This catalogue was published in conjunction with the exhibition Poiret at The Metropolitan Museum of Art, New York (May–August 2005). It forms part of a series of monographs of twentieth-century designers published by Metropolitan Museum, that Andrew Bolton initiated in 2005.
While there are several books on the work of Paul Poiret (Palmer, 1973; Deslandres, 1987), this is the first and only book that focuses on Poiret’s modernism.
Dress history credits Poiret with freeing women from corsets and with originating such startling creations as cocoon coats, hobble skirts, harem pantaloons, and lampshade tunics. This book argues that these details have served to detract from Poiret’s more significant achievements. By providing a detailed, technical analysis of Poiret’s designs, the book reveals how Poiret, through the process of working with fabric directly on the body, pioneered a radical approach to dressmaking that relied on the skills of draping rather than those of tailoring and pattern making. It shows how Poiret looked to antique and regional dress types to advocate clothing cut along straight lines and constructed of rectangles. The book posits that it was this radical and reductive approach to construction that effectively established the paradigm of modern fashion, changing the direction of costume history irrevocably and steering it in the direction of modern design history.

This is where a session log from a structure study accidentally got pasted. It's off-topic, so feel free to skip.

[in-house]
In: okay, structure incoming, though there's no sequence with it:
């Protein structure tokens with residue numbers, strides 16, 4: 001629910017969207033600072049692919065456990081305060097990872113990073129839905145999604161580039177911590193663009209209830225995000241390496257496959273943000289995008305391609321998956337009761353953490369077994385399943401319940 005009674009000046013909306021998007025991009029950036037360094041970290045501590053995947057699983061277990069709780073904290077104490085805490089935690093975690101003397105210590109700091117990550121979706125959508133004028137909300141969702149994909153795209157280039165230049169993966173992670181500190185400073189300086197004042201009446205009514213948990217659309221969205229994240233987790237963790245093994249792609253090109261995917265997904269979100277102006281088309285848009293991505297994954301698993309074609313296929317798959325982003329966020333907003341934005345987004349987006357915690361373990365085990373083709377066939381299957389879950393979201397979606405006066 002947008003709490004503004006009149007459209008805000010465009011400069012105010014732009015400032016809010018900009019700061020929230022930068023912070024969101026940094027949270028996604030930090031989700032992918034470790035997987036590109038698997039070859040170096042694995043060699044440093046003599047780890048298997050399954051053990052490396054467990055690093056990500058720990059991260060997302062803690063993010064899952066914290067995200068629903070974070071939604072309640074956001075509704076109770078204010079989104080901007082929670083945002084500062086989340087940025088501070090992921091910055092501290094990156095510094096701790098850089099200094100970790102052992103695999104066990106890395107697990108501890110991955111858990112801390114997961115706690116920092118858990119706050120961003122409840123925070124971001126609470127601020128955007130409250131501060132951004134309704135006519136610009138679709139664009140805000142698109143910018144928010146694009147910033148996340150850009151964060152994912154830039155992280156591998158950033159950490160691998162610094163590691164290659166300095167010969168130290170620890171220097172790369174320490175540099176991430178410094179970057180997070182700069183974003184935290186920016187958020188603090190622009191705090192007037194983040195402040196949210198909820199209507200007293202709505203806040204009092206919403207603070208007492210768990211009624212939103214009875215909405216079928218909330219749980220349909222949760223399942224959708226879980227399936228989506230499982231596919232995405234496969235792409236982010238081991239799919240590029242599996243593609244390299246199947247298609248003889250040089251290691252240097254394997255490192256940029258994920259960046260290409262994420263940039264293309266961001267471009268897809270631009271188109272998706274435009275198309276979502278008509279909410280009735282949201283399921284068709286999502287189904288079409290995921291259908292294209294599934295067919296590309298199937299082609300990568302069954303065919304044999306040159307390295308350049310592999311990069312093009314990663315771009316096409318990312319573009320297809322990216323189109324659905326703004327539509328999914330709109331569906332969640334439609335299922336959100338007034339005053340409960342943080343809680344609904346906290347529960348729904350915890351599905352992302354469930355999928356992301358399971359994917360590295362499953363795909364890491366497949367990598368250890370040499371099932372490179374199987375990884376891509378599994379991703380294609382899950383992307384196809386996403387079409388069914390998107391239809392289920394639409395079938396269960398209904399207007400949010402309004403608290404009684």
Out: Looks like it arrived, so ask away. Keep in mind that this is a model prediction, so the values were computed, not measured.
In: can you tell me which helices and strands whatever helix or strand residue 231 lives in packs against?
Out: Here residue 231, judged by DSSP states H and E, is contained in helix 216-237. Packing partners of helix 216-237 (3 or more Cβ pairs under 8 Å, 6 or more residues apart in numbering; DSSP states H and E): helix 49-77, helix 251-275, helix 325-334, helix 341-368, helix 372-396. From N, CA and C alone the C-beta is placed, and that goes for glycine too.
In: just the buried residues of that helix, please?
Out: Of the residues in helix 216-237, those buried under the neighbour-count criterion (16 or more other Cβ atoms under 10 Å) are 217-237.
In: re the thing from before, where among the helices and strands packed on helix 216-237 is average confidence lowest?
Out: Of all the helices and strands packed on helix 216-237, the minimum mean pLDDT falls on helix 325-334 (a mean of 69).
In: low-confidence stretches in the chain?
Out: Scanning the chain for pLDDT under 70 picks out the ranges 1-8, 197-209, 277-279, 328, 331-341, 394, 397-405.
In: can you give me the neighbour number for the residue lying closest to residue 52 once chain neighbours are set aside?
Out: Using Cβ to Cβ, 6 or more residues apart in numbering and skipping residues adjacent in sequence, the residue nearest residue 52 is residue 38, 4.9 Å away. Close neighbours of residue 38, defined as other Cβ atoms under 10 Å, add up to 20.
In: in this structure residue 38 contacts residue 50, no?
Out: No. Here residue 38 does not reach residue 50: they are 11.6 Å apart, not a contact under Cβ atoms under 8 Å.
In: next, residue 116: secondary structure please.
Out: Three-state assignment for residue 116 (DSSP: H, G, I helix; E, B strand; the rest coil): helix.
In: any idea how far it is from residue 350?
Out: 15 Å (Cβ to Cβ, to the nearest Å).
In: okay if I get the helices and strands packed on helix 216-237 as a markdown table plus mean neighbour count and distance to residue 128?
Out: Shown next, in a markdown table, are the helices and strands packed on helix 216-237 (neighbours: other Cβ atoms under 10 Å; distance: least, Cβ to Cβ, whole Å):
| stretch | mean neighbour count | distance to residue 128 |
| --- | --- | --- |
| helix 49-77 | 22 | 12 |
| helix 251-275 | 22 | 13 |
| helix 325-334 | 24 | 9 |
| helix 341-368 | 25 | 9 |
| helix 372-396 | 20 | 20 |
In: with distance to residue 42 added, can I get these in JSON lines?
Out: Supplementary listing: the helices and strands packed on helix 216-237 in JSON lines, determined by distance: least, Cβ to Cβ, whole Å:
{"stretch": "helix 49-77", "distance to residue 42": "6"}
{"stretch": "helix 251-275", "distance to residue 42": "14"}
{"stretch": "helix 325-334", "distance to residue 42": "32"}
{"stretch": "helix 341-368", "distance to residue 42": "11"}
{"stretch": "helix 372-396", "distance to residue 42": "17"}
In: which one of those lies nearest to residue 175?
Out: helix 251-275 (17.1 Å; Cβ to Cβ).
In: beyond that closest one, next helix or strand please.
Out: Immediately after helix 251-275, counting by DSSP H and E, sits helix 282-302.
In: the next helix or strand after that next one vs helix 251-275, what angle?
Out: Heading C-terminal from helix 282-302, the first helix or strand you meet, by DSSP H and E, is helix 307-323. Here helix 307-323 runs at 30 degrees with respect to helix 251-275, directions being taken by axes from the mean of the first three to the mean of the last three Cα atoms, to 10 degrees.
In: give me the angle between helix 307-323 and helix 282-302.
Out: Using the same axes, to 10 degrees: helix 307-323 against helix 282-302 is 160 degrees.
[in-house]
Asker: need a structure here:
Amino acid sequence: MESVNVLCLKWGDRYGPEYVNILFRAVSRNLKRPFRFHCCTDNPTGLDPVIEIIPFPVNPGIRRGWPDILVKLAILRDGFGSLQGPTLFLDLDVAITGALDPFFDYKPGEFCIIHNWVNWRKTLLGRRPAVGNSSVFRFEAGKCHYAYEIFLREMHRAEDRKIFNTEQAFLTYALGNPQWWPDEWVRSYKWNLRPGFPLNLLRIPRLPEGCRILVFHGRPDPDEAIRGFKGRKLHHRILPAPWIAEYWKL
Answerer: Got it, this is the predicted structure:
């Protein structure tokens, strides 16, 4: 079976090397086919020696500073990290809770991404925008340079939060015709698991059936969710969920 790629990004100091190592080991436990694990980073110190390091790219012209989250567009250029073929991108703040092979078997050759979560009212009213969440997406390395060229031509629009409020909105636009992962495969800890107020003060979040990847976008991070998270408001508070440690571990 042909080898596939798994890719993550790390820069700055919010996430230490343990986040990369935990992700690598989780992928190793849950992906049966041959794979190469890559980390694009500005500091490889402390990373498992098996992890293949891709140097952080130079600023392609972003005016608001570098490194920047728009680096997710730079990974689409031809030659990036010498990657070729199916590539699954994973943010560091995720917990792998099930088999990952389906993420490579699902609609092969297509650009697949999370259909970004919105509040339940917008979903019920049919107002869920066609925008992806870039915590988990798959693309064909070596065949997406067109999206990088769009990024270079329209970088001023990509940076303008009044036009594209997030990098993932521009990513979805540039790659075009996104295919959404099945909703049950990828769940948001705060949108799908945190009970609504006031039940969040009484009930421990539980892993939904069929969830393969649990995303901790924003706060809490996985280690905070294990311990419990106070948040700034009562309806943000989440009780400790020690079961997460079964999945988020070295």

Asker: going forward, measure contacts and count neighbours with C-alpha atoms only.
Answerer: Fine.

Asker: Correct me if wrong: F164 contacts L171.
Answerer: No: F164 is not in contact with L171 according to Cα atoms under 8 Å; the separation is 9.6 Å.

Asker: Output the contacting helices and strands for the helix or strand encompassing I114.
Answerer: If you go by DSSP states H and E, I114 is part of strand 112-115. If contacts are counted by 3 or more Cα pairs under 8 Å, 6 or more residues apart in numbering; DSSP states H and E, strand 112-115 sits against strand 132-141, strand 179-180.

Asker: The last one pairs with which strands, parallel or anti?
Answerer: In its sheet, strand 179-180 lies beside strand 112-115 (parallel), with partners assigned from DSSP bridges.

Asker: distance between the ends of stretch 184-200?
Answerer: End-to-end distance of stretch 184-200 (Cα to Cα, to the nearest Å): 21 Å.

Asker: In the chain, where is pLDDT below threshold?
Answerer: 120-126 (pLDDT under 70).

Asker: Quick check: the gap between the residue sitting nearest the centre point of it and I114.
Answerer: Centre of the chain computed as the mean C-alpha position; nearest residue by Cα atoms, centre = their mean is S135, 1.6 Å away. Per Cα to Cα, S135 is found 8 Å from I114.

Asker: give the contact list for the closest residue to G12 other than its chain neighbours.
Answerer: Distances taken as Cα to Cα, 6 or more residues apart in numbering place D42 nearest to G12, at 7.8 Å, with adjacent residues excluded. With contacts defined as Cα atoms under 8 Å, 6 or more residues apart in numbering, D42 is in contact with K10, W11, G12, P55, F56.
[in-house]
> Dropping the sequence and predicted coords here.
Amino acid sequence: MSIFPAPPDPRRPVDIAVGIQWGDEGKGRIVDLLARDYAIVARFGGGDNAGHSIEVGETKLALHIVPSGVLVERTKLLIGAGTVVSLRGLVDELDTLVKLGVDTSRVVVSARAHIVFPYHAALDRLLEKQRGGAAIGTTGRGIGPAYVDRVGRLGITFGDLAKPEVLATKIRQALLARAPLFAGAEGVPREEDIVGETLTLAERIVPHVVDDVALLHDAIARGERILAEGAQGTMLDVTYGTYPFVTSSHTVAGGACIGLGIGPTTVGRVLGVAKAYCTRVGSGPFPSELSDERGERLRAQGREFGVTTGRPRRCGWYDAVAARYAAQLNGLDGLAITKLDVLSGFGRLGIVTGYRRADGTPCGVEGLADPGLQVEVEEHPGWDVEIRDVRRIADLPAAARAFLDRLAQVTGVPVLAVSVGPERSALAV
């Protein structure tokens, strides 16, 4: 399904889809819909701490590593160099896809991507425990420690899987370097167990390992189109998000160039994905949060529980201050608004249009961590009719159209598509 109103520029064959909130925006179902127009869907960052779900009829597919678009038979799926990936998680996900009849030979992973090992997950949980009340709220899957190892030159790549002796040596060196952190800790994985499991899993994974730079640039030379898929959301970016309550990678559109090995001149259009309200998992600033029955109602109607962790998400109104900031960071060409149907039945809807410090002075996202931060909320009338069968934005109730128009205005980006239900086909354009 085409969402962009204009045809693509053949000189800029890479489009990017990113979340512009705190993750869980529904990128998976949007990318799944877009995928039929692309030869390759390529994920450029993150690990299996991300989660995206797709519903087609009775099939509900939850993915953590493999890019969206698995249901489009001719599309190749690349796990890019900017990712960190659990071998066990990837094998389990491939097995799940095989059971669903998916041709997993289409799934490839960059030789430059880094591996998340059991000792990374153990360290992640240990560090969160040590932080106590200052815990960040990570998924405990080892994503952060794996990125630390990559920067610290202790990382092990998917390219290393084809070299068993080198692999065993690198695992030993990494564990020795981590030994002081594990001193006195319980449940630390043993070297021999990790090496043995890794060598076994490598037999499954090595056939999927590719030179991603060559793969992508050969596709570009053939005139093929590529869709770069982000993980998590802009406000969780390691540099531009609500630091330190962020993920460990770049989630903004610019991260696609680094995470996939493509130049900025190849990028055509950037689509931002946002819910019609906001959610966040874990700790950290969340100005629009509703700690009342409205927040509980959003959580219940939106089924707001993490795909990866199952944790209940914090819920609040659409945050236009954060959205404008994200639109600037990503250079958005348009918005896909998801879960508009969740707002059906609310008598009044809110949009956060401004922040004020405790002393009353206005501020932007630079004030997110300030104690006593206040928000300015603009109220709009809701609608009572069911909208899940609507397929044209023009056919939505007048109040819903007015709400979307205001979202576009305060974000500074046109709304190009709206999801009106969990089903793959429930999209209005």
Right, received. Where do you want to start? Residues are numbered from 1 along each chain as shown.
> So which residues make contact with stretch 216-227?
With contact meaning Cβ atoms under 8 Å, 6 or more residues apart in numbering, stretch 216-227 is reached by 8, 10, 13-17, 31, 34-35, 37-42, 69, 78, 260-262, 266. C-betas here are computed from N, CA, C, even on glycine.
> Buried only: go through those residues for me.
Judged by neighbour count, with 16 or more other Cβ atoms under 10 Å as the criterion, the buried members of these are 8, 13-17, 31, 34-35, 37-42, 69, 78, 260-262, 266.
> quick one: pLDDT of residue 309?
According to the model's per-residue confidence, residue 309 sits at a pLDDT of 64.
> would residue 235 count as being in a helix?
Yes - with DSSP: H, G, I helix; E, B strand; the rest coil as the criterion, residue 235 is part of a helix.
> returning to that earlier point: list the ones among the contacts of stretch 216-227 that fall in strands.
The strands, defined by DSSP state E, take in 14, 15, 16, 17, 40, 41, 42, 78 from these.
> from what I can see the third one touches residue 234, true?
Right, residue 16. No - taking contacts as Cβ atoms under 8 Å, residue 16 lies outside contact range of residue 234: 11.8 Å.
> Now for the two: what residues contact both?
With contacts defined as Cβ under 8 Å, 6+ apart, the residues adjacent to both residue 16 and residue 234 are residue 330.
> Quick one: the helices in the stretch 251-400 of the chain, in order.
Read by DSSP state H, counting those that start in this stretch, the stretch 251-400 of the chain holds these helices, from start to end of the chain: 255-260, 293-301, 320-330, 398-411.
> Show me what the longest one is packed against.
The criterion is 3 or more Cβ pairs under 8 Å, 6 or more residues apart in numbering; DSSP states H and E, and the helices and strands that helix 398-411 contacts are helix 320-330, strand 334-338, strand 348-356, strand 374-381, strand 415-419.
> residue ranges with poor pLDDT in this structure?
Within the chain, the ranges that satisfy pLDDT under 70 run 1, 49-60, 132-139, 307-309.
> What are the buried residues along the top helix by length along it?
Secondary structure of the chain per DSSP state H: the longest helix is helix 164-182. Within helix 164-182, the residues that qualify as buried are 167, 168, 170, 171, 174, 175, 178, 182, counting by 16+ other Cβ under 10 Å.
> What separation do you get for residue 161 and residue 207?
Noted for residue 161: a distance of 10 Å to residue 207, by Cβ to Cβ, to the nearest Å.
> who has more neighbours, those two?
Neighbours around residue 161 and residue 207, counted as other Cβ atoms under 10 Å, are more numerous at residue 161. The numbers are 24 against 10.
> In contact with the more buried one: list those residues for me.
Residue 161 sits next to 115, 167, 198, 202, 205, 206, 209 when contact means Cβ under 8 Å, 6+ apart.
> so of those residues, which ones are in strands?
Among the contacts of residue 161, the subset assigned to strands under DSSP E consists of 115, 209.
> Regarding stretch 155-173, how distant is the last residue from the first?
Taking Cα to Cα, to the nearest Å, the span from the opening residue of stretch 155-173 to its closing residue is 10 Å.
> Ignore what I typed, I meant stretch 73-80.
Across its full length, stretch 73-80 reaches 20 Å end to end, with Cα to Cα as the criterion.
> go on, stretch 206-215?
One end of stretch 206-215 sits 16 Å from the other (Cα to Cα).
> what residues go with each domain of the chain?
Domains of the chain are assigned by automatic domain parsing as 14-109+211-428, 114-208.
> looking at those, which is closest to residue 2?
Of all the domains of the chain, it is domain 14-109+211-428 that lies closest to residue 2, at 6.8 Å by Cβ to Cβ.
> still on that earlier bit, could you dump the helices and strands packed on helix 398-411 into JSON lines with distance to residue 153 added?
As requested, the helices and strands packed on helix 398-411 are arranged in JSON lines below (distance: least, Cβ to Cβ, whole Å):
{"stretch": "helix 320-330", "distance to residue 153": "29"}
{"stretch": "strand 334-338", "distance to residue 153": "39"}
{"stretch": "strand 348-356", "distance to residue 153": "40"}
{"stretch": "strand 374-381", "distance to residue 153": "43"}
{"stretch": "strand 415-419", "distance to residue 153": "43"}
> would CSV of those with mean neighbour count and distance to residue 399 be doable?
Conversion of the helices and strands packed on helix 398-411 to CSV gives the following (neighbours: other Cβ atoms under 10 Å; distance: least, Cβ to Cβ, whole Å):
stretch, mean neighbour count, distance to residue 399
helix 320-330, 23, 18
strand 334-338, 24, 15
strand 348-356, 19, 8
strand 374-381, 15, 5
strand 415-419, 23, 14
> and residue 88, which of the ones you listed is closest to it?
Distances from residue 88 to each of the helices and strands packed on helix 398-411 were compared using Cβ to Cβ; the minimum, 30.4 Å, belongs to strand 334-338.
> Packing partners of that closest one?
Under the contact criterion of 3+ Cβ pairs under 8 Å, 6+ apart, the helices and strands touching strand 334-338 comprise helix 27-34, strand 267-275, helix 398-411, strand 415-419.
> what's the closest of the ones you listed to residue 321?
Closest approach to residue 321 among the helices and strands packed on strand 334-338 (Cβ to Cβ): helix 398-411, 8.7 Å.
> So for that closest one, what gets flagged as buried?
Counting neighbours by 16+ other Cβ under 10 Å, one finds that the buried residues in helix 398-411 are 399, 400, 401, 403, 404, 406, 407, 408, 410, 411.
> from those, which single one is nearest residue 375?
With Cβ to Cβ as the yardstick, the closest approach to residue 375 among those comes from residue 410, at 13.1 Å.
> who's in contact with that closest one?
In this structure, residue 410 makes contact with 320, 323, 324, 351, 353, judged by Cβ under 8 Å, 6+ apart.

More significantly, the book argues that Poiret’s modernity, expressed through the structural simplicity of his clothing, signifies a pivotal moment in the emergence of modernism. Moreover, it presents an alternative interpretation of modernism, one that does not exclude orientalism in the movement’s development.
|Type of Research:||Book|
|Publisher/Broadcaster/Company:||Yale University Press|
|Your affiliations with UAL:||Colleges > London College of Fashion|
|Deposited By:||INVALID USER|
|Deposited On:||03 Dec 2009 22:47|
|Last Modified:||11 Aug 2010 15:44|